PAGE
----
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Home Contemporary Art: Definition and Characteristics...

Contemporary Art: Definition and Characteristics

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‘Contemporary Art’ may seem like a straightforward term that refers to the art that is made today but is equally tricky a term to use in a fixed context. Not to mention, the words ‘modern’ and ‘contemporary’ are listed as synonyms in the English Language Dictionary. So, to understand Contemporary Art, we must understand ‘Modernism’ and the ‘gaps in Modernism’ which contemporary art bridged.

The Modern Art era is considered to have happened between the 1870s-1960s. The art made during this period celebrated experimentation by also simultaneously placing traditions of the past aside. This resulted in experimenting with different materials and ways of seeing art which touched upon the functionality of art development. This period also saw the move away from the narrative, and the characteristics of the traditional arts to its move towards abstraction. On the other hand, Contemporary Art doesn’t have a fixed definition. Although the contemporary art period also deals with experimentation, these ideas are rooted in Modernist and Postmodernist Art.

Contemporary art has blurred beginnings as it was the gradual transition from the Modernist era of art to the art produced today. The Art movement also lacks a uniform organizing principle, ideology or label, unlike Modernism which was inspired by socialist ideology and revolved around showing daily-life and mundane activities.

For contemporary artists, everything is up for grabs and everything can be Art. Contemporary Art takes a more John Ruskin route, believing in “Art for Art’s sake” which means art which does not have to serve purposes taken from politics, religion, economics, and so on. But it is this artistic freedom that makes contemporary art practices also carry the most impactful political, social and environmental messages.


New influences in Contemporary Art


Pop Art

Contemporary art is thought to have begun on the heels of Pop Art. In post-war Britain and America, Pop Art was pioneered by artists like Andy Warhol and Roy Lichtenstein. It first started as an art which was supposed to be accessible art to the public and hence used symbols and portrayals of icons in mass culture. While the movement lasted roughly from the 1950s through the early 1970s, it was reborn as Neo-Pop Art in the 1980s thanks to artists like Jeff Koons thus entering the popular sphere of Contemporary Art.

Artist Sameer Kulavoor has designed the façade at the India Art Fair 2020


Photorealism was a concurrent movement to Pop Art, where the artists aimed to create hyper-realistic drawings and paintings. Photorealists often work with photographs which enable them to reproduce portraits, landscapes, and other iconography. Chuck Close and Gerhard Richter often worked in this style. The below image is an example of Photorealism.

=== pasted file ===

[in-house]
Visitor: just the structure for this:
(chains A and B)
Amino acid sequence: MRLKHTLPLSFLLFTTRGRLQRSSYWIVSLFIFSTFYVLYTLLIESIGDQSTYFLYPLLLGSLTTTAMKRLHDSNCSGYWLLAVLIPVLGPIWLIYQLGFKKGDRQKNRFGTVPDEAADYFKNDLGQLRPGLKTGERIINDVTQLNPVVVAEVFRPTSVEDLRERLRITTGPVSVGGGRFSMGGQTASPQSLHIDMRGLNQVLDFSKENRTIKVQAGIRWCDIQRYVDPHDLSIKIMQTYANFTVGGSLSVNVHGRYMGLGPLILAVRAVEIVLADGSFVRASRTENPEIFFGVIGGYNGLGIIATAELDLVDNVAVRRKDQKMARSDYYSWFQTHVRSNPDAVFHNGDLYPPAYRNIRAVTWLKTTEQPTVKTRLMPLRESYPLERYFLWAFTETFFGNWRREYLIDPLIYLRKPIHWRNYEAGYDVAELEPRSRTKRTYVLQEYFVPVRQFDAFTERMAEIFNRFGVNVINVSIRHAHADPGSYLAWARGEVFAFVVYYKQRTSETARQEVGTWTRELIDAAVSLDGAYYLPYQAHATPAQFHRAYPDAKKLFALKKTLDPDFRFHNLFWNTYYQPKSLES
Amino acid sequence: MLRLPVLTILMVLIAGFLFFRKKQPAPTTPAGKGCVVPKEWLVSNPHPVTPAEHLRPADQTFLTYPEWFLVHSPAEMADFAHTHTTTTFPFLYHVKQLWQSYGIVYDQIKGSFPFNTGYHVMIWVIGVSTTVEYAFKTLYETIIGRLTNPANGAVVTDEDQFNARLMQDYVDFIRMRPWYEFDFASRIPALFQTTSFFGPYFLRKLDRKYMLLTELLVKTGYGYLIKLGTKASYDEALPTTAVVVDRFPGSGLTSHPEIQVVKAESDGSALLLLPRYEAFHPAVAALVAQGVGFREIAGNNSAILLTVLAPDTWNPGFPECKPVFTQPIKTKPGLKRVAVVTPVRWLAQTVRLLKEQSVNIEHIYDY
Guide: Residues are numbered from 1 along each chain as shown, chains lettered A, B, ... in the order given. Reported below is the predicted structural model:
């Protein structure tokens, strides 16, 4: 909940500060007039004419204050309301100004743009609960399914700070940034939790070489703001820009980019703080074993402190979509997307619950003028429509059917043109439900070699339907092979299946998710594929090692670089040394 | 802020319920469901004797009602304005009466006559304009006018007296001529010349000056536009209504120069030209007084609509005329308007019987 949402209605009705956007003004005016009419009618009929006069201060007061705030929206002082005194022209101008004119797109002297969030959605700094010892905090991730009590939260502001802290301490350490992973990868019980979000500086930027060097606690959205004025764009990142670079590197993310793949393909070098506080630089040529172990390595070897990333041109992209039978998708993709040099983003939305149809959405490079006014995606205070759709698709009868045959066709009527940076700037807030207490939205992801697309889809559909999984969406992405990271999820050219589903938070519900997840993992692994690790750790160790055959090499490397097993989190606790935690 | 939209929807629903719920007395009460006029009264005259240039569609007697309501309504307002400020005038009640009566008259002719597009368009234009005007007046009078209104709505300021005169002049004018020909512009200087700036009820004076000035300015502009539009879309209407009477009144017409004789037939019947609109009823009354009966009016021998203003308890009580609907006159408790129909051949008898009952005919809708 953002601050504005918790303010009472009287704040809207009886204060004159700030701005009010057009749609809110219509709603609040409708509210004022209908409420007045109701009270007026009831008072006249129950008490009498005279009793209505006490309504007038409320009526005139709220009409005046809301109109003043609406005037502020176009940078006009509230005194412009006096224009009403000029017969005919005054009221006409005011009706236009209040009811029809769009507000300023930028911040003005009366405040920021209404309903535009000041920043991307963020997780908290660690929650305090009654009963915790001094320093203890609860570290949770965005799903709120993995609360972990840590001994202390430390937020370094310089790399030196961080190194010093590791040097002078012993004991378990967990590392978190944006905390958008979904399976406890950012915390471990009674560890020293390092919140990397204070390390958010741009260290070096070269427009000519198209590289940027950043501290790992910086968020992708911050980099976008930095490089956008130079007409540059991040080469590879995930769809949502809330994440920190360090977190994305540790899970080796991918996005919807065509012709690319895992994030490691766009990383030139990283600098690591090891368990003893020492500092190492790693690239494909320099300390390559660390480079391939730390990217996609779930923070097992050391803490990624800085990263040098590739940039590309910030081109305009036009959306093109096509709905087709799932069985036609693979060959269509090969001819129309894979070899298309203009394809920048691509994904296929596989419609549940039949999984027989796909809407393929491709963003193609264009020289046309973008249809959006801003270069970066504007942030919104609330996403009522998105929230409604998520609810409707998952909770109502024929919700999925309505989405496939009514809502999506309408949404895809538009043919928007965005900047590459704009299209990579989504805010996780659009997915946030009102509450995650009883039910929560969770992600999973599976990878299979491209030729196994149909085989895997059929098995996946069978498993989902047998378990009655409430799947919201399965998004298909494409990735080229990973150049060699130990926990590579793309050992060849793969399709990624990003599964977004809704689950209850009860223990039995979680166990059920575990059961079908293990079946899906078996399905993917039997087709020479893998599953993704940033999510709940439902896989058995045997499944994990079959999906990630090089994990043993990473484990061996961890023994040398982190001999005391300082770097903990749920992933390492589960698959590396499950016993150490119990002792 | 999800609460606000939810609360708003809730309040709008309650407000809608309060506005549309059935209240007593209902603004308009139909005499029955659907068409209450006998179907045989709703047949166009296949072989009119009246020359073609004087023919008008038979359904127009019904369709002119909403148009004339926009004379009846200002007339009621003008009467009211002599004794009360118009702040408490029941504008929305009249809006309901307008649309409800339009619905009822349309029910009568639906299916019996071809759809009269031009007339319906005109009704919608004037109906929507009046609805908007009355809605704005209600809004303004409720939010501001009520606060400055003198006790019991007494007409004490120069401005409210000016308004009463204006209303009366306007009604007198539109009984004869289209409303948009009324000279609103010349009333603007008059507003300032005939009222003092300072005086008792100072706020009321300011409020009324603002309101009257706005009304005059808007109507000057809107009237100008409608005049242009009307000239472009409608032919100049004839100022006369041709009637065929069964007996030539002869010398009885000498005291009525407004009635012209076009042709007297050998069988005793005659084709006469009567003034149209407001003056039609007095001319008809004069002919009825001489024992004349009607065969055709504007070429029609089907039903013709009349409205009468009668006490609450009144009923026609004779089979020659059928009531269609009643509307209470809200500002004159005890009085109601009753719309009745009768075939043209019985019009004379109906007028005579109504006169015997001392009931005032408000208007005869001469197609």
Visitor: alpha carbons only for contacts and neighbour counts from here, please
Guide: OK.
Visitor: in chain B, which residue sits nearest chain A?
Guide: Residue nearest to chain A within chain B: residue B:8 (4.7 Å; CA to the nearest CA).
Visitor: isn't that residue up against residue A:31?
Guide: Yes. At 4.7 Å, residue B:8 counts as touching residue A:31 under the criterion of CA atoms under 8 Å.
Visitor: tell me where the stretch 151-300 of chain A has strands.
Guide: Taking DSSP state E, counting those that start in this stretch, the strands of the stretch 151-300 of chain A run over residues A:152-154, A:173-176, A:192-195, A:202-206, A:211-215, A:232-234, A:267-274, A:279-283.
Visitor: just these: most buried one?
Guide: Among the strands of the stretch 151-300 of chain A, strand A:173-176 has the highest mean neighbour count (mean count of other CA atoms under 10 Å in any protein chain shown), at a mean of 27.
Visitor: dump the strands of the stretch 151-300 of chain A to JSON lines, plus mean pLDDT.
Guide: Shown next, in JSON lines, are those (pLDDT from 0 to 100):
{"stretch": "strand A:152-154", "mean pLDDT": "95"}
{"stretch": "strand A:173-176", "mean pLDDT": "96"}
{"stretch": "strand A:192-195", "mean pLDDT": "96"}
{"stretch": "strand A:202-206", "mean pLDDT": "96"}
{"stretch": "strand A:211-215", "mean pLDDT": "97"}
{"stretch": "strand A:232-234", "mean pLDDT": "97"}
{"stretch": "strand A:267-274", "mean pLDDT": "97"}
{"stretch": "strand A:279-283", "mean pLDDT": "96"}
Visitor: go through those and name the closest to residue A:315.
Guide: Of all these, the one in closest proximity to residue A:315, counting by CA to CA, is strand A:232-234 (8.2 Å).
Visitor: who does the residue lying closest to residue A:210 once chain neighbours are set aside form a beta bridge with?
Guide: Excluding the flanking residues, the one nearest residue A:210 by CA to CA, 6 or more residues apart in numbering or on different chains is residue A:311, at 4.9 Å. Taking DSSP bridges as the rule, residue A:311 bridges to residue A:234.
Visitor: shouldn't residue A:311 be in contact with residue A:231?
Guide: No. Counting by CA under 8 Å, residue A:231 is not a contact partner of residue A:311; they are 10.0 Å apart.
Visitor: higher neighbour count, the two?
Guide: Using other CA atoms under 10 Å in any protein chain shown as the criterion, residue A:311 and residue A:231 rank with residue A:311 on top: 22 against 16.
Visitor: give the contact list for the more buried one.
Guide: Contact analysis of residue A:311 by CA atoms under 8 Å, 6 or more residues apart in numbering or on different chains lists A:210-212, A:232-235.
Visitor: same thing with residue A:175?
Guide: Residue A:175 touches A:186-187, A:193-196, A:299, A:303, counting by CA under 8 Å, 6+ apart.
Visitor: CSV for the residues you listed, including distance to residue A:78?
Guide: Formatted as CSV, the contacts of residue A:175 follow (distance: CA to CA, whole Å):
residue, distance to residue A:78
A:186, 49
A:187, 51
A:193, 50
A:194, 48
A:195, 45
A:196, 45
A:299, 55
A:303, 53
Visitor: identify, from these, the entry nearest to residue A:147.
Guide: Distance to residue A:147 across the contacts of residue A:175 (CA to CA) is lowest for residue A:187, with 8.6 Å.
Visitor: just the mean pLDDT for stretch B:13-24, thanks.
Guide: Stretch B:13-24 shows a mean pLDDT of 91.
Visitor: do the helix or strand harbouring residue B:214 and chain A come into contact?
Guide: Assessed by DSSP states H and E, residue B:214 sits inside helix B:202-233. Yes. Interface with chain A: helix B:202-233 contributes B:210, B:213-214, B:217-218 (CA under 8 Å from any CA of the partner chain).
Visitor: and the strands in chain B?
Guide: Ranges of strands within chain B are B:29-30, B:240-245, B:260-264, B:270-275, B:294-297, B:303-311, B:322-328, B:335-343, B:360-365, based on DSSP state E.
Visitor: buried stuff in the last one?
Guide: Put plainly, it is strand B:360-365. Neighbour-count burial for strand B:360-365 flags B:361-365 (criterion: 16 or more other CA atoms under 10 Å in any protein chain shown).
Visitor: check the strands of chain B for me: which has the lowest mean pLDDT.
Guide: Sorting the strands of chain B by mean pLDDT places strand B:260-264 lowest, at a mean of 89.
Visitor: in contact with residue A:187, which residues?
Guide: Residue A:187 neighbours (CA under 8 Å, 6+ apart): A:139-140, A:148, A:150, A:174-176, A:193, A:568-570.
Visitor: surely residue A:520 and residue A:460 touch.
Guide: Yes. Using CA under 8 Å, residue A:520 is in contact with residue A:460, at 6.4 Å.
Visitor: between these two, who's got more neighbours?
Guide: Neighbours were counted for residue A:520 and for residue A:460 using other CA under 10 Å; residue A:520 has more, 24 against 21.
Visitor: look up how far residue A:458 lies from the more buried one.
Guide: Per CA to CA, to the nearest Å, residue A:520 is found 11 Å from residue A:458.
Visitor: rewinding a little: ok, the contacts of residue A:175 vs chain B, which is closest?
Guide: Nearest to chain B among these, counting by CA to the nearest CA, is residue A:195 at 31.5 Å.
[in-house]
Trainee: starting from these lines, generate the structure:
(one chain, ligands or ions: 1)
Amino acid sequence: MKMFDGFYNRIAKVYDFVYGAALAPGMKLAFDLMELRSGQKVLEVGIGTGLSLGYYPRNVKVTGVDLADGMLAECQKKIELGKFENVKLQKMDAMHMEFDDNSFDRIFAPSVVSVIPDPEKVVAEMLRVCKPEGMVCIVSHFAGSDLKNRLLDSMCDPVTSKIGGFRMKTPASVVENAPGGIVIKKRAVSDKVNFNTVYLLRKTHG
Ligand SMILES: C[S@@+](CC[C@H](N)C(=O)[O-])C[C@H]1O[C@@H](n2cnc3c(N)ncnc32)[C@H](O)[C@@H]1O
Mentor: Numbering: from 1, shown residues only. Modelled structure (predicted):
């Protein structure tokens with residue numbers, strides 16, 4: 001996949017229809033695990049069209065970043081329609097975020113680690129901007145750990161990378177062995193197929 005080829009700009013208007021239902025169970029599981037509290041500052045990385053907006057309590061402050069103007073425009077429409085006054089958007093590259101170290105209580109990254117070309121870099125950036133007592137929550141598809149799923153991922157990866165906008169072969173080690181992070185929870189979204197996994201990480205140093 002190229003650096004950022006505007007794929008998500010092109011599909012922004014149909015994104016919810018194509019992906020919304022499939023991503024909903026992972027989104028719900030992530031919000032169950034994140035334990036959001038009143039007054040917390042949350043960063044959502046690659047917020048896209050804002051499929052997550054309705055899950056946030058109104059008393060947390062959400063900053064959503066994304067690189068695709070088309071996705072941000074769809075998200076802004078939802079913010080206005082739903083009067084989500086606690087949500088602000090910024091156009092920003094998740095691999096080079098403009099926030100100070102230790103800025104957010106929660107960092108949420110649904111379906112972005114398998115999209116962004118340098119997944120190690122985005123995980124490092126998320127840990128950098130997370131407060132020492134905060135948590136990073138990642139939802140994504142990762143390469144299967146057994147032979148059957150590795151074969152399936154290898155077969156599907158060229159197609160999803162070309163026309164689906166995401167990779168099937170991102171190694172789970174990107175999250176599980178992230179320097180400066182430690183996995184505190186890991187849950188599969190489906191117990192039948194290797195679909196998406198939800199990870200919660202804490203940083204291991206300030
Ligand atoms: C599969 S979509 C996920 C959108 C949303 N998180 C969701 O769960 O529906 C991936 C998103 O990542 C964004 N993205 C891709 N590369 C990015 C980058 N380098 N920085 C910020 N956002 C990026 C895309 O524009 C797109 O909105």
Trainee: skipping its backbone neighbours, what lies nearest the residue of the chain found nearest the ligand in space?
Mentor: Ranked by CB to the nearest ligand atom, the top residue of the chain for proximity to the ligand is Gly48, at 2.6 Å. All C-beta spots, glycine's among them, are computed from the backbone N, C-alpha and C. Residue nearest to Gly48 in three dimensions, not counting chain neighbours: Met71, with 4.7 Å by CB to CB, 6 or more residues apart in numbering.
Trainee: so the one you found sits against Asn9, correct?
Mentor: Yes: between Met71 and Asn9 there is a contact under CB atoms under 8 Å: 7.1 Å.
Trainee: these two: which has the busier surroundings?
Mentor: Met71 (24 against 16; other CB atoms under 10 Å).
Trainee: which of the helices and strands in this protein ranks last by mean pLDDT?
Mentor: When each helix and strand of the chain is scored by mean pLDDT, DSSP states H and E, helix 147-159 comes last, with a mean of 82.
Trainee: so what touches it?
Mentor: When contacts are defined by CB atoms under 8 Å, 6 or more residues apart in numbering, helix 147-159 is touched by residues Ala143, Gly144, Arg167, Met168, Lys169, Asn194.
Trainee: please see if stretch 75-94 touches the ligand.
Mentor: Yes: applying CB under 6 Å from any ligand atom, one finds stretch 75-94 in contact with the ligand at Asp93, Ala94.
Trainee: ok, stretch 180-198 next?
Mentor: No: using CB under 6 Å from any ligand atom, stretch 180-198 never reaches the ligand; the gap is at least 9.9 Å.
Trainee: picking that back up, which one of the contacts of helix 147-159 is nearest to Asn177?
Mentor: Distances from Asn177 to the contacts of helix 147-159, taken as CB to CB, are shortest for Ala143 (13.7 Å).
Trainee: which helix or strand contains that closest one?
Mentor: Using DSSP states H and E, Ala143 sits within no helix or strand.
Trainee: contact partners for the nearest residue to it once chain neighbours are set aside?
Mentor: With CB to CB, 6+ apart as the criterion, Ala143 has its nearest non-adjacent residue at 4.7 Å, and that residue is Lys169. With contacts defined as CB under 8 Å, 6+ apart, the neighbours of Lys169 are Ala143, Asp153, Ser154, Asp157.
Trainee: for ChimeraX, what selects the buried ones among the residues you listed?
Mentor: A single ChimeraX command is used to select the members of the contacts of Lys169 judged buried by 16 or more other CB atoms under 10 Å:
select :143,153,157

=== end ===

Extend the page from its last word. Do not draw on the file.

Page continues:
Pop Art has also helped shape Conceptualism. In this art movement, the idea of art as a commodity is rejected. In conceptual art, the idea behind a work of takes precedence over the art itself. Major conceptual artists include Damien Hirst, Ai Wei Wei, and Jenny Holzer. Though this experimental movement is rooted in the art of the early 21st century, it emerged as a formal movement in the 1960s and remains a major contemporary art movement today.

Image taken at India Art Fair 2020 (inhouse photographer)



Like Conceptualism, Minimalism materialized in the 1960s and is still prevalent today. According to the Tate, both movements “challenged the existing structures for making, disseminating and viewing art.”

Minimalism is very easy to spot; it is usually simple with abstract aesthetic or design or stroke of paint. The viewers are expected to respond to what they see and not to what they think a given work of art represents. Donald Judd, Sol LeWitt, and Dan Flavin are some key Minimalist artists.

Image taken at India Art Fair 2020 (inhouse photographer)


Performance Art

Another movement with Conceptualist roots is Performance Art. Beginning in the 1960s and retaining its popularity even today, performance art is a drama-inspired approach to art were dance, music, and lights are used to enhance the message of the performance/art.

While the art is performed by the artist, it is not intended as entertainment unlike classical Theatre or Dance performances. Instead, its goal is to convey a message or idea. Predominant performance artists include Marina Abramović, Yoko Ono, and Joseph Beuys.

Jelili Akitu’s live art performance at India Art Fair 2020



Installation Art is an artistic genre of three-dimensional works that are often venue and theme-specific and is designed and placed at the said venue to transform the perception of space.

It is usually a presentation which uses mixed-media constructions, making it not only physically situated at the venue but also an interactive piece that attracts people. Installation art champions a shift in focus from what art visually represents what it communicates, so it is an ideal art piece to have at exhibitions or a public place.


Stills from Lee Nam’s ‘Ruins Mona Lisa’ installation displayed at India Art Fair 2020

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